Devices are paired with a cell phone using Bluetooth to establish a unique and secure communication channel between the device and the phone. This helps insure the security of any data transmitted along the Bluetooth data link.
The Bluetooth wireless communications protocol is used to connect many devices to cell phones, including wireless headsets, computers and even other cell phones. The pairing process is part of the security mechanism of Bluetooth that prevents unauthorized devices from hijacking the communications channel established between the cell phone and the device. For example, a hacker using a computer to steal Internet access or data from a cell phone could impersonate a paired laptop that normally uses a Bluetooth connection for wireless Internet access easily if the cell phone accepted connections from any device. However, since Bluetooth only accepts connections from paired devices, it is much harder to do this. Pairing devices also helps eliminate the possibility of sending data to the wrong device, such as sending a conversation meant for one person's wireless Bluetooth headset to the headset of another person standing nearby.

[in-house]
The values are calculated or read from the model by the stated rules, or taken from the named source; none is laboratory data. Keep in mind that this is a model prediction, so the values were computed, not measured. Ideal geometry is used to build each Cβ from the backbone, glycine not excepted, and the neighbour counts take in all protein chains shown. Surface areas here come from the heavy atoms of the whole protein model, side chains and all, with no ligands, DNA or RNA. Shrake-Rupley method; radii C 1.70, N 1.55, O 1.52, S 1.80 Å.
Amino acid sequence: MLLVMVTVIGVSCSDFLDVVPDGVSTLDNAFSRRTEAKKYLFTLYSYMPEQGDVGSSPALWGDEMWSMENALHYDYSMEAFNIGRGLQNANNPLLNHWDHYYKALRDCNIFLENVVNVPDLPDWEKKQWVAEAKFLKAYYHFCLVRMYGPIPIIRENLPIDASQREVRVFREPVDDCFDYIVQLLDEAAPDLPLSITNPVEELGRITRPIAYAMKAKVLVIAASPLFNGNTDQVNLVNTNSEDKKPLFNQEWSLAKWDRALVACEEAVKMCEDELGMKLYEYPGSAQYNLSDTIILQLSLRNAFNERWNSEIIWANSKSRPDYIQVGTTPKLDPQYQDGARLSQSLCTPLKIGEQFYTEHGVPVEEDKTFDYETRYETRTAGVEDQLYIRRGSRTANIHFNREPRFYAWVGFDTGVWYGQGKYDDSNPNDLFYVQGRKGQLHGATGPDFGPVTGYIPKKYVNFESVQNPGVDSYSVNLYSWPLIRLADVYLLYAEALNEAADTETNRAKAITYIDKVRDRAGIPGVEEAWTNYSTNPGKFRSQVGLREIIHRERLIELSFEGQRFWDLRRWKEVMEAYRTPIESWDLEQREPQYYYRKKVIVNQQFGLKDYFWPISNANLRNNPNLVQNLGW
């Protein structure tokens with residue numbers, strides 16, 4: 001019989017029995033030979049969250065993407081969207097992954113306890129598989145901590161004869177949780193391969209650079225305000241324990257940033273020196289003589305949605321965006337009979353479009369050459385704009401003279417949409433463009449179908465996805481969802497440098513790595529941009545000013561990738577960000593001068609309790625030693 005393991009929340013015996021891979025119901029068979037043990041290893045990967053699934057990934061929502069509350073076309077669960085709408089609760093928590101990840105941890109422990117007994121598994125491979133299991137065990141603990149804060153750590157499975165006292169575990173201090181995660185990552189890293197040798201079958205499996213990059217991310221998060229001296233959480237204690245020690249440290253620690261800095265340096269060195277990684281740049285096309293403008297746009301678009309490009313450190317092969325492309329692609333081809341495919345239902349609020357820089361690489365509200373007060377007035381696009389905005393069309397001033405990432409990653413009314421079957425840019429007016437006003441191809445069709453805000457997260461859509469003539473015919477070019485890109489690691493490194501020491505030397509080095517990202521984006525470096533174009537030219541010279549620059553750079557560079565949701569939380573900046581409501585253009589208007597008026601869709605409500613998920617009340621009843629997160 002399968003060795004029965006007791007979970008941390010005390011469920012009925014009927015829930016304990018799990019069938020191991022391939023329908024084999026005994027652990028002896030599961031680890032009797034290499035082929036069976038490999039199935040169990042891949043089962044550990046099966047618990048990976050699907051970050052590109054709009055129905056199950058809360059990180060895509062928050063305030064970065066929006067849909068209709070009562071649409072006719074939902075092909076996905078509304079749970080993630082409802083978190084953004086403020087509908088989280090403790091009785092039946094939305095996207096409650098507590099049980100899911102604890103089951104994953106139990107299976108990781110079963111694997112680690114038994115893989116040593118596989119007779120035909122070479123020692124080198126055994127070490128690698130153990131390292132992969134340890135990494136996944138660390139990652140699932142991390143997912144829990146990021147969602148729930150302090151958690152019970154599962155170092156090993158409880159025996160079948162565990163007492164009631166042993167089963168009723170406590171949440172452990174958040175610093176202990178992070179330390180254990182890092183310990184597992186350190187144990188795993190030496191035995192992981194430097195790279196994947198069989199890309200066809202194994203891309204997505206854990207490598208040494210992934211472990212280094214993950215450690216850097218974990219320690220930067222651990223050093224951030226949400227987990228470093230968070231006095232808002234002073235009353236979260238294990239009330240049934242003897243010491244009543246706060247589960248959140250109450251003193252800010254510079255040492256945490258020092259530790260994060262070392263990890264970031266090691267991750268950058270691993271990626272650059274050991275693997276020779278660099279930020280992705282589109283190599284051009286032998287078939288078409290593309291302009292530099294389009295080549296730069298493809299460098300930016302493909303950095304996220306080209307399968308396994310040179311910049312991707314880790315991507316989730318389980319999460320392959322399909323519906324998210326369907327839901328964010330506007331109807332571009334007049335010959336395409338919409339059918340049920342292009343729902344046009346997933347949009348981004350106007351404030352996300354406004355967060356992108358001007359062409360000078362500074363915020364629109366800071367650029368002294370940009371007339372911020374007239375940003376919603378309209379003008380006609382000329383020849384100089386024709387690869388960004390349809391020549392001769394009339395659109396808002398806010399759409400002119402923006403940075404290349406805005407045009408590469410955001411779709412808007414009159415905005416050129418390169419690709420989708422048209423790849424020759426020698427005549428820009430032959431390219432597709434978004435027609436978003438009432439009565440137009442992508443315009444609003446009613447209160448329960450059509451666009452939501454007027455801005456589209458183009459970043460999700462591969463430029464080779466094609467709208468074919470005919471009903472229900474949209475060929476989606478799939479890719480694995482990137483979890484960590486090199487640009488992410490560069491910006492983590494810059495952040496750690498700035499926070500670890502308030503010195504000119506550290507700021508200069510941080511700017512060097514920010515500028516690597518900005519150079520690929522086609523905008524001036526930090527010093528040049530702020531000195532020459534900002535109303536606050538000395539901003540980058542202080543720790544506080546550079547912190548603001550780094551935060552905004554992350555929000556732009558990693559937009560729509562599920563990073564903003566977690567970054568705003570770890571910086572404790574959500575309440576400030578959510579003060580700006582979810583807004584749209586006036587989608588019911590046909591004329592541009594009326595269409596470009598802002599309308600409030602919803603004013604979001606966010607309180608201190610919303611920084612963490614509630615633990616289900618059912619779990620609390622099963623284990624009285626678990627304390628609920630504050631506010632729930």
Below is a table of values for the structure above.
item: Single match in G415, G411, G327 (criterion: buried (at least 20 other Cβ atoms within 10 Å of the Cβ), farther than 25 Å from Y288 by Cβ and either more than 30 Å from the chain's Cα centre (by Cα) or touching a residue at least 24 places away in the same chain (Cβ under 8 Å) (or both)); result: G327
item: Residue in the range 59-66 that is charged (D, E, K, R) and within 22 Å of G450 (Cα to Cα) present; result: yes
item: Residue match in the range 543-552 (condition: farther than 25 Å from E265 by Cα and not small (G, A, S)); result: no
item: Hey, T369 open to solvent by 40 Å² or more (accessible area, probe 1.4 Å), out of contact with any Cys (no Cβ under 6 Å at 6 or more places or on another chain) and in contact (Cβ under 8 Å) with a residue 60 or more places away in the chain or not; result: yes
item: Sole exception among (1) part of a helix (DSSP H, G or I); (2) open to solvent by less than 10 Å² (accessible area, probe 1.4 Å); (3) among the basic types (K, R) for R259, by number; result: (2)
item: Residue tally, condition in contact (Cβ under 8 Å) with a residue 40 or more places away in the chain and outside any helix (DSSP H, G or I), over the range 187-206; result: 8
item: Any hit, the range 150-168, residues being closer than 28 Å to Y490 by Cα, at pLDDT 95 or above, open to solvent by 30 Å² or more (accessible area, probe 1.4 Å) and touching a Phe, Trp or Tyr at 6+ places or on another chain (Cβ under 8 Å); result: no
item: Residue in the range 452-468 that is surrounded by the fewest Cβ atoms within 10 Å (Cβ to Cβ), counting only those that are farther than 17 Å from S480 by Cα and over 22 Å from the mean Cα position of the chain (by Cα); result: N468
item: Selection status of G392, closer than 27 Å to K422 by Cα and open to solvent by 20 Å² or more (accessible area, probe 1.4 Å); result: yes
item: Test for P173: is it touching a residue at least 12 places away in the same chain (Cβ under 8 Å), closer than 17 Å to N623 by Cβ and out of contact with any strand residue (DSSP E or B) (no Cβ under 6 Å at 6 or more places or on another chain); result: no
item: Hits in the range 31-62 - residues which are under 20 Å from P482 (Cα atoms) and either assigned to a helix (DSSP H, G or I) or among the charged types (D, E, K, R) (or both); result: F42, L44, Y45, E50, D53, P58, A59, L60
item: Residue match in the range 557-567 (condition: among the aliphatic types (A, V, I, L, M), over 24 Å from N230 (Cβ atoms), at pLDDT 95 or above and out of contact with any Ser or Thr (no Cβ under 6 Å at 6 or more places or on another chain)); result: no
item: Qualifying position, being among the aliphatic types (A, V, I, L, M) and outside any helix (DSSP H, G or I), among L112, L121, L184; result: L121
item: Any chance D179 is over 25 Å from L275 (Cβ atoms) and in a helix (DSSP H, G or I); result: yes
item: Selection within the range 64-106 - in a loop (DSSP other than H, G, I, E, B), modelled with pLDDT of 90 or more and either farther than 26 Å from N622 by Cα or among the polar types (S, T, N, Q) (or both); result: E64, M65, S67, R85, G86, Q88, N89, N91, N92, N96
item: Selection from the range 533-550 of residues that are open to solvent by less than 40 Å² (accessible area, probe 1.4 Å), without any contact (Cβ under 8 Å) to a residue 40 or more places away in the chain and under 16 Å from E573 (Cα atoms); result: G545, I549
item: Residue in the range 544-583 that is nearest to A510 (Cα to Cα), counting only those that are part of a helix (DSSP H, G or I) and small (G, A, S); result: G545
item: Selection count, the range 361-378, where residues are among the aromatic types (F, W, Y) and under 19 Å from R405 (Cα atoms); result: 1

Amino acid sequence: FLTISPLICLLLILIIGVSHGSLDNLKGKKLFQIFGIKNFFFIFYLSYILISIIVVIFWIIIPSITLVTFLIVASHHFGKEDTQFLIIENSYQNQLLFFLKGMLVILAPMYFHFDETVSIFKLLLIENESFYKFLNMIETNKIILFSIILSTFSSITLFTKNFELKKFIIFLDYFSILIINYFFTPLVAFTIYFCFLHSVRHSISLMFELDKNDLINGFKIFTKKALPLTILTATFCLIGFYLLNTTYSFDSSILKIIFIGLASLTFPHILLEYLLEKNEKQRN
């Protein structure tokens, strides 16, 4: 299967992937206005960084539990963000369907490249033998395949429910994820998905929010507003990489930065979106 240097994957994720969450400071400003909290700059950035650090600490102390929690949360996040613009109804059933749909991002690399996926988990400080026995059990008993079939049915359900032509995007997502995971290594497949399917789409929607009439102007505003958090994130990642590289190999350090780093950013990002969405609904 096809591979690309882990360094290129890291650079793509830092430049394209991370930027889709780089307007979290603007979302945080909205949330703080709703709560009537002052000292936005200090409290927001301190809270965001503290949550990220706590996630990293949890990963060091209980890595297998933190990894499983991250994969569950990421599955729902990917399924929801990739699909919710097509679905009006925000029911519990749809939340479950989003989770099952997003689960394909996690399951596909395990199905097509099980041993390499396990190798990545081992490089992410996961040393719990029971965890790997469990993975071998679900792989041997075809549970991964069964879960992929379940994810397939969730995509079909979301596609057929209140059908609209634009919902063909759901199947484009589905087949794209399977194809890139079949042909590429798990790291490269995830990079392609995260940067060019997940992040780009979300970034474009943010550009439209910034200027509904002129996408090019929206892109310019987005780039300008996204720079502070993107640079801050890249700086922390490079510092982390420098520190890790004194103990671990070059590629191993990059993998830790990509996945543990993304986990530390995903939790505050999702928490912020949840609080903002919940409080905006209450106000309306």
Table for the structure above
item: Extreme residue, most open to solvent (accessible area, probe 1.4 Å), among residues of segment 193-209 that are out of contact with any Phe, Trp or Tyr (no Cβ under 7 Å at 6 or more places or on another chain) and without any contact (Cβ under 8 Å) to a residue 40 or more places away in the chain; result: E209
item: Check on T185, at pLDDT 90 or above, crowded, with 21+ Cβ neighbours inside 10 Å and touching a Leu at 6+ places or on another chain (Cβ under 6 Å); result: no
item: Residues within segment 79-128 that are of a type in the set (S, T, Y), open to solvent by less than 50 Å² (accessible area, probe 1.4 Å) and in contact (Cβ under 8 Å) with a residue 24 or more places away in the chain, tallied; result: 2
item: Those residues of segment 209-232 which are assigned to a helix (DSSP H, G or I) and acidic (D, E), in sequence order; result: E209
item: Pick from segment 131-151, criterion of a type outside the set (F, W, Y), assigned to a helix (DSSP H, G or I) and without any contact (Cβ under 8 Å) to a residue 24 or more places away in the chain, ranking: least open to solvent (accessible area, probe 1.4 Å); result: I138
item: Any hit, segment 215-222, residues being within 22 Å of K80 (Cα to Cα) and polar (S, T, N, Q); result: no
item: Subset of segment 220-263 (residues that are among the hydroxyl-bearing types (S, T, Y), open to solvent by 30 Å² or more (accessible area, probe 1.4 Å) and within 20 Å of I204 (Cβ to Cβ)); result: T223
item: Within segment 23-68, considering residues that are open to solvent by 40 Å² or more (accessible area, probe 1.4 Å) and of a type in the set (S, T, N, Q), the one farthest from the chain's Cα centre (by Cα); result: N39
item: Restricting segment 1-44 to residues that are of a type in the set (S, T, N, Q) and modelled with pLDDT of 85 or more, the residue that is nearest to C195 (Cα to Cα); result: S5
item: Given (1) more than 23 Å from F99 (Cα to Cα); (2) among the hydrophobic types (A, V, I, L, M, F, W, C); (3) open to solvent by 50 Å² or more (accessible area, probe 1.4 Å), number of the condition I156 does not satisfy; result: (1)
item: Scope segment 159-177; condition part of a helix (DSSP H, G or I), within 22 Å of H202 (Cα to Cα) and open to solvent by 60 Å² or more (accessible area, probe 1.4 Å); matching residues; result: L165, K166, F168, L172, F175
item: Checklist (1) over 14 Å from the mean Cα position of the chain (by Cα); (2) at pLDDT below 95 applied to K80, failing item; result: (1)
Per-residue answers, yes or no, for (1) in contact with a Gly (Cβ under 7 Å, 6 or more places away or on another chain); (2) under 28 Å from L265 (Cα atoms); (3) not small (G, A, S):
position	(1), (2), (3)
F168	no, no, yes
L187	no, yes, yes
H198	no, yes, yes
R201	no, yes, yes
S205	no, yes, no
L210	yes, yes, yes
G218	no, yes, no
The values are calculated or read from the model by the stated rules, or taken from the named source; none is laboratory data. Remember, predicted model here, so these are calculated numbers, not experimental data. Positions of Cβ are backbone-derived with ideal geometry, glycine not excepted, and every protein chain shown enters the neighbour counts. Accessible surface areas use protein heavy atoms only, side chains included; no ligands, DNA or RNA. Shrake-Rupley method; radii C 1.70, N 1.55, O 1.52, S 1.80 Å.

Early Bluetooth pairing mechanisms used simple PIN number security schemes that were sometimes hard-coded into devices. These schemes had significant flaws, leading to the adoption of the Secure Simple Pairing method used in Bluetooth 2.1 and later versions. This method of pairing uses a public key cryptography algorithm similar to that used by the Secure Sockets Layer technology used on web sites.